A spacecraft is designed and built for hundreds of millions of dollars such that it can perform a certain set of tasks. You bring it into space, activate it and hope that it performs fine and will do exactly the sophisticated job it was designed to do. And if it has done so, you build the next spacecraft for hundreds of millions of dollars, based on the results and the findings obtained from its predecessor, to reach out for the next step.

    Spirit and Opportunity were intended to last within the martian environment for up to three months. But to the amazement of the public and the space engeneering society and beyond, these craft survived and performed in that environment 16 times longer than designed, and they still are in a very good shape.
    As the two rovers performed 16 times longer than was scheduled by their mission designers, the cost of their operation has grown to more than 16 times the cost planned when these rovers were brought to Mars.
    If you want to foster the replacement process of a craft, this task is difficult to accomplish if the craft to be replaced simply refuses to fail. If we want to promote the next generation of rovers, one has to accept that measures have to be taken.

    Space exploration is a means to support and strengthen the space industry. Of course, it is also about science. But its main objective is building spacecraft, not running spaceraft forever, once they are built. And I think doing things this way makes sense.



  • Astrofiend March 25, 2008, 5:20 PM

    marcellus Says:
    March 25th, 2008 at 4:55 pm

    This is cool stuff. I like the “Let’s fund it ourselves” concept.

    Actually, I think that this COULD actually be a goer! I’d be more than happy to drop a few % of my pay into some sort of NASA or ESA ‘fund’ to help with the cost of space missions. I’m absolutely positive, based on the opinions of friends and colleagues, that many others would too. Lots of people derive a great amount of pleasure from the findings and results of space exploration and science missions – in a way it’s akin to a hobby (or an obsession), so I think many would be willing to forgo a little pay for their passion.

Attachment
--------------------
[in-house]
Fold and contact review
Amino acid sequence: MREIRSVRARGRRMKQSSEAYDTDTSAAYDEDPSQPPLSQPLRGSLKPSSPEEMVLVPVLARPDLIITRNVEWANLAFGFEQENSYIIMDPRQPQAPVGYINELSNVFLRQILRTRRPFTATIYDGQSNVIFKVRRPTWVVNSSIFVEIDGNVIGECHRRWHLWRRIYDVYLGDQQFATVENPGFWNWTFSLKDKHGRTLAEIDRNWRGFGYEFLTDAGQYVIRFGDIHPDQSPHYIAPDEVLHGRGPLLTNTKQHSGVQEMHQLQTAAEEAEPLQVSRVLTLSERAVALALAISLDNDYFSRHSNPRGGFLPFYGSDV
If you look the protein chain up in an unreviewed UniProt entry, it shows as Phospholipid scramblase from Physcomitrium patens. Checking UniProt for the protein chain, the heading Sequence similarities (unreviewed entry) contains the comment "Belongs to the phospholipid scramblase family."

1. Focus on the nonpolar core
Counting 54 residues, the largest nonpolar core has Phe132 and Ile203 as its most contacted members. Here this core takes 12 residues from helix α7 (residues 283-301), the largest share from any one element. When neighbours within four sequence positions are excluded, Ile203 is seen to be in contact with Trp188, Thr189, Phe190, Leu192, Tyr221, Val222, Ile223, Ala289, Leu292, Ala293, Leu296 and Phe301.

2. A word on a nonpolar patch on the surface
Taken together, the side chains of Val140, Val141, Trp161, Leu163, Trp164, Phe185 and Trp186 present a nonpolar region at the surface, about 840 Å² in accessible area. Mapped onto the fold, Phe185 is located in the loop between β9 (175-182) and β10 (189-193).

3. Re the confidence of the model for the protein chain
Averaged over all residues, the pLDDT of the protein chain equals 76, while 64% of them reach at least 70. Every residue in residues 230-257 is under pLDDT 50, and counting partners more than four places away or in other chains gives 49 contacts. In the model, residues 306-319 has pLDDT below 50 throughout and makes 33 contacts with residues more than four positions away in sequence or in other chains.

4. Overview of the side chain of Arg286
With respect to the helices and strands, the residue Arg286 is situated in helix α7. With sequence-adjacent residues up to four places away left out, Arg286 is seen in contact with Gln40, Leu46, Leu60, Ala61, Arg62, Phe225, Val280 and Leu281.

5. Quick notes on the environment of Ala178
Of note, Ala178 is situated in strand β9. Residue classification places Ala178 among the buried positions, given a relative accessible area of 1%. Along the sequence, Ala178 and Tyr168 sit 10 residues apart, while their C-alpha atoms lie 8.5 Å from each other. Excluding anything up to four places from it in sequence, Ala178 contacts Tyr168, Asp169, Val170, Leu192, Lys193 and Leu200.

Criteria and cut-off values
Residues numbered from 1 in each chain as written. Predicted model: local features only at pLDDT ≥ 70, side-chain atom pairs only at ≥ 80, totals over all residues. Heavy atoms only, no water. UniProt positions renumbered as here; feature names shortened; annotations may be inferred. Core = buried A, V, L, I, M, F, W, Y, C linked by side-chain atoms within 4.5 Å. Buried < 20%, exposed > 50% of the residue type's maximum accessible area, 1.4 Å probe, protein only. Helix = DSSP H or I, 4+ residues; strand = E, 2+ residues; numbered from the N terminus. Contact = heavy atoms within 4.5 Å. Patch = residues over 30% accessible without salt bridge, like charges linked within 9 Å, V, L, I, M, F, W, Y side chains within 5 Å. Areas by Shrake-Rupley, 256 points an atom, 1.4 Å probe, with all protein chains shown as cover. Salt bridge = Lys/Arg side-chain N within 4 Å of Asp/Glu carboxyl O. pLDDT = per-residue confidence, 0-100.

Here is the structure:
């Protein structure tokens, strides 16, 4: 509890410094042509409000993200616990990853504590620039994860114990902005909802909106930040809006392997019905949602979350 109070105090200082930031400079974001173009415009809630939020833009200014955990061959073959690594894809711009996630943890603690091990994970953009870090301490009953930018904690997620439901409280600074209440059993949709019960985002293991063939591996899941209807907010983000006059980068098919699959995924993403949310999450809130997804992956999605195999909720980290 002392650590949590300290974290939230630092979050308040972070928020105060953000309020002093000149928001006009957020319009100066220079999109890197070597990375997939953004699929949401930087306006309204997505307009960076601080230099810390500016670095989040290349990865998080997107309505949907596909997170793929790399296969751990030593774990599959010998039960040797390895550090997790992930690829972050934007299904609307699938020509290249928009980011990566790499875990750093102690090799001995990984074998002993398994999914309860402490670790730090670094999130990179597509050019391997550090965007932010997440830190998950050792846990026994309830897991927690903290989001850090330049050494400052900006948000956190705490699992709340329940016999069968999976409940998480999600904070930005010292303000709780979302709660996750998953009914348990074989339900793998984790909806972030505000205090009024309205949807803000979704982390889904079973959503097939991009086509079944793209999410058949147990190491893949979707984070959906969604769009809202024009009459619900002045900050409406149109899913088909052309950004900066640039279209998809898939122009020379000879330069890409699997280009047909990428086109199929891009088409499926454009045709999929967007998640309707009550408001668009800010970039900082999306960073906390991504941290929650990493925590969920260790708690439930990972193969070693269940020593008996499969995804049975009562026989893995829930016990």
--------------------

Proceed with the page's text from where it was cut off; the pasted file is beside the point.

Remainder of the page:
Even if it was only a few % of members of all of the astronomy clubs around the world who contributed a few % of their annual pay packet, we’d quickly have a substantial amount of dough to throw behind projects. In reality I think there would be more than that flowing – those are fairly conservative estimates I imagine. Of course, such a system would raise its own issues like to which projects funds are distributed, but these could be worked out. The fundamental idea remains strong in my opinion.

  • Eduardo Mariño March 25, 2008, 8:26 PM

    No se supone que este país es el ejemplo de la democracia en el mundo? que le pregunten a la gente si quieren gastar sus impuestos en armas, guerra, mentiras y asesinatos o en explorar y conocer mejor el universo, en aprender y valorar mas ese hermoso y unico recurso terrestre: la vida… a que no hacen un ejercicio de democracia, al menos alguna vez…

  • Guy Incognito March 25, 2008, 9:03 PM

    To put it into for perspective for you, we’re spending about four hundred million a day on the so-called war in Iraq.

  • Chuck Lam March 26, 2008, 6:31 AM

    A side thought to those of you who think we are going to set-up a permanent base on the moon, forget it, it aint going to happen. Technically we can do it, bureaucratically, we are really screwed I’d like to remind both the serious thinkers and sci-fi dreamers that our government, specifically NASA, is typically operated very much like FEMA and the Home Land Security bunch Do you remember those infallible agencies and the efficacious jobs they are doing? What is required for the advancement of science is clearly more intelligence, at the top on down, in the critical areas of money and project management that will make a difference. This (MER) nonsense is just the tip of the iceburg.

  • Aqualung March 26, 2008, 5:33 AM

    If life started on Mars. Isn’t there a possibility that beneath parts of Mars there are vast fields of gas and oil waiting to be found.

    There you are. Now there will be no shortage of funds. JD.

  • David March 26, 2008, 6:27 PM

    Good one Aqualung . . perhaps we could find a photo of “Noah’s Ark” sitting out on Cydonia, or a bunch of rocks in the shape of a Grail.

  • Chuck Lam March 27, 2008, 6:54 AM

    Hey everyone! Just what do you expect from the bunch of bureaucratic scienticically boarder-line illiterates making these wild decisions? We clearly require a higher level of common sense and intelligence within the government agencies that directly affect the advancement of science. Make certain you get out and vote for change this November. Gawd! Do we need change!

  • Jim K March 27, 2008, 12:48 PM

    It is interesting to note that the Spirit was the rover that captured the image of the “Bigfoot” on Mars…and is now being shut down weeks later.